Flo "The Demolition Man" Simba by Pete Moscardi
One picks up the marked contrast between
Flo Simba, the quietly-spoken 21-
year-old civil engineering student, and Flo “The Demolition Man” Simba who has impressively destroyed all opposition put in front of him since his professional
debut in October last year. The macho and muscular Simba, who stalks the ring with the grace and agility of a leopard stalking its prey, is a far cry from the shy
and self-effacing image he presents out of the ring. To say that the DRC-born
Simba is quietly-spoken is an exaggeration – he almost speaks in a whisper that
resulted in me having to lean close to him when doing this interview.
Flo came to South Africa from the DRC
when he was just 18 months old – and
he has never ventured outside this country up to now and he displays a degree of naivety which underlines his age. But this, according to Brian Mitchell, his
manager, is about to change. “Flo has more than fulfilled his early promise and
has surpassed all our expectations. In fact, he has progressed so rapidly that
our plan is to take him over to the US in the early part of next year and to give
him exposure to the American fight scene,” Mitchell says.
Flo’s father was a practising medical
doctor who is now in the process of
starting his own company, and his family consists of a 16-year-old brother, a
sister aged 15 and two younger brothers aged four and six who all live with
their parents. His 19-year-old brother tragically died of heart complications this
Simba rents a townhouse in Meyersdal in the south of Johannesburg where he lives alone and his home is conveniently situated to the two gyms he frequents. Although he has lived in South Africa since an early age, he is still to acquire South African citizenship – but an application has now been made to the appropriate authority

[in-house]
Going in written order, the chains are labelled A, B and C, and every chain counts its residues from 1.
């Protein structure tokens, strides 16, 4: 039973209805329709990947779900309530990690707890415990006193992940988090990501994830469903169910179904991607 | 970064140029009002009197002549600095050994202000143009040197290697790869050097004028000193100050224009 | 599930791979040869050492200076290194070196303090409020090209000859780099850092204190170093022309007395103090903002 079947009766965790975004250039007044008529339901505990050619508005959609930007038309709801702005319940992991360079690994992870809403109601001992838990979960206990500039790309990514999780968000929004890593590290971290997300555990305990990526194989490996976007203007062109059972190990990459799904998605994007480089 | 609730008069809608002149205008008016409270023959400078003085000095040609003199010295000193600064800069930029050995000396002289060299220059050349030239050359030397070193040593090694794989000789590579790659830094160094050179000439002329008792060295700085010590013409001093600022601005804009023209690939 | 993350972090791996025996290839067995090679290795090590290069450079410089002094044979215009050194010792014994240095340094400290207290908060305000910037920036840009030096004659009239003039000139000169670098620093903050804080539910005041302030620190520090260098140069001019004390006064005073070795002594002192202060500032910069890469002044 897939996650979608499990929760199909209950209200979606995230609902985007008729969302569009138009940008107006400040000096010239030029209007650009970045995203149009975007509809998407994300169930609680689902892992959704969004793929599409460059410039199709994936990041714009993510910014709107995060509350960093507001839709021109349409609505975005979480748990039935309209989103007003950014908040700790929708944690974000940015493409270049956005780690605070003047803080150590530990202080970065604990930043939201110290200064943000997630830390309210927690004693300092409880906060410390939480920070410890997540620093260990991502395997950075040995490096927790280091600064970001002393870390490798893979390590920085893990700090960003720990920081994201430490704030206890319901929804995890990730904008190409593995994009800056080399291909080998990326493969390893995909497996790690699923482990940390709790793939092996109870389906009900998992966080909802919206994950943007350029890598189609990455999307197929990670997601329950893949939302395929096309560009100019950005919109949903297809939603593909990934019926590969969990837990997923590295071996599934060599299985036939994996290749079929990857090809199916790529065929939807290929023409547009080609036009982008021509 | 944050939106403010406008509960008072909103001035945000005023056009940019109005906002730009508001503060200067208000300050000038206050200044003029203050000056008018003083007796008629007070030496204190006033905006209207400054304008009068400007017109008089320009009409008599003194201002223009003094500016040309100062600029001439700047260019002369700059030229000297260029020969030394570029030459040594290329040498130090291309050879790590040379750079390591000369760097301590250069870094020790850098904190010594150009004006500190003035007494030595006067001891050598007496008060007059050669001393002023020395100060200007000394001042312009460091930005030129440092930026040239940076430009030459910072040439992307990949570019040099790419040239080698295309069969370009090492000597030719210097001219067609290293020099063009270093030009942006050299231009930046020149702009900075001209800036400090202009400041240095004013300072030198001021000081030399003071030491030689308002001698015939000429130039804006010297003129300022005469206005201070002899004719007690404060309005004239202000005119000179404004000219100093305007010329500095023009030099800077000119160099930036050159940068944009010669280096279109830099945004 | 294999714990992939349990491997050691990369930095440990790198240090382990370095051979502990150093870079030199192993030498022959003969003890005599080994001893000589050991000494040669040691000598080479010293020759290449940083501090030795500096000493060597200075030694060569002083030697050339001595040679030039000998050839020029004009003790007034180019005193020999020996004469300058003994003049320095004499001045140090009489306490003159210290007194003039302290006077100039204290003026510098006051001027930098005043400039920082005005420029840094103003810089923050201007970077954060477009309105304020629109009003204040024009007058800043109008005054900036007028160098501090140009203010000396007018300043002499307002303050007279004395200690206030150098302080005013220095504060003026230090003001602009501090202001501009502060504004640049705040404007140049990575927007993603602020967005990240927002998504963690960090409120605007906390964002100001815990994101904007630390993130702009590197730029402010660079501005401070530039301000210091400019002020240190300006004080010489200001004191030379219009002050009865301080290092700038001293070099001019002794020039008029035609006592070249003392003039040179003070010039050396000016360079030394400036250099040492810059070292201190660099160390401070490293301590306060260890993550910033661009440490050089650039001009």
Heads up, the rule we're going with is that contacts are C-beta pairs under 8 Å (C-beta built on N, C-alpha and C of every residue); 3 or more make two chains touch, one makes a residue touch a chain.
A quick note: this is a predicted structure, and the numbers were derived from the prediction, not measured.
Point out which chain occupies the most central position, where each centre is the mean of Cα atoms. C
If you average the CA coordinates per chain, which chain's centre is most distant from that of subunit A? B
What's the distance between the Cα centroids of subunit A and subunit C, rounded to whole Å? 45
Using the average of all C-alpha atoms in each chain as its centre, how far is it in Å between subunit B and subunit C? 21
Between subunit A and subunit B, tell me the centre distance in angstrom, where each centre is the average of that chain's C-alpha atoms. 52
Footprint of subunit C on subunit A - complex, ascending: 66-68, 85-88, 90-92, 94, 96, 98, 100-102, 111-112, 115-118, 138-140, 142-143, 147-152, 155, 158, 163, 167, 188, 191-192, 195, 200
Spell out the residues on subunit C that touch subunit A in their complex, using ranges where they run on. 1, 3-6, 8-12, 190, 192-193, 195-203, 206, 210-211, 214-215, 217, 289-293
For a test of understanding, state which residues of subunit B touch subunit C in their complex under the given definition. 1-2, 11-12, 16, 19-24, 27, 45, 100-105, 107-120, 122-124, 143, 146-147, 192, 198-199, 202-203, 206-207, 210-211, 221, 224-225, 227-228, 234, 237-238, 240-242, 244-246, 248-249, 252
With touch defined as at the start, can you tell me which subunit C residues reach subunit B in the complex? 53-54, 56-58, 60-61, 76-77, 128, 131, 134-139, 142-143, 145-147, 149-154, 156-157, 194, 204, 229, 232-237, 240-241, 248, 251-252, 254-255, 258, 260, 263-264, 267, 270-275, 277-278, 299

Simba got into boxing through the urgings of his late brother, who suggested that he join a local amateur club. Flo took himself off to Aubrey Lovett’s Southside gym in Regents Park from where he notched up seven amateur fights – winning all, six inside the distance. “When I turned pro I don’t think dad and mum were too keen on the idea and I think they still disapprove. But they still come to my fights to support me,” he says.
After matriculating from Southhills High, Flo decided on a career in civil engineering and enrolled at the University of Johannesburg where he is now in the second year of his studies and doing his practical internship. He admits that dividing his time between his studies and boxing presents a difficult balancing act, and his frenetic daily schedule would make most shudder.
Describing an average day in the life of Flo Simba when in training for a fight, he says: “I’m on the road running at 5am and I average between 10-12kms.
I then come home and make my own breakfast of eggs and toast before setting off for UJ. My studies take me from 8am to 2.30pm, and thereafter I drive over to my trainer, Harold Volbrecht’s gym in Rosettenville. I work out at the gym from 3pm to 4.30pm where I spar between six and 10 rounds and do pad and bag work. As soon as I’ve finished there I go off to the Body Guru Gym in Meyersdal where I work-out for 1.5 hours under the strict eye of my personal trainer. It’s then back to my house where I have a few hours to relax before bed.”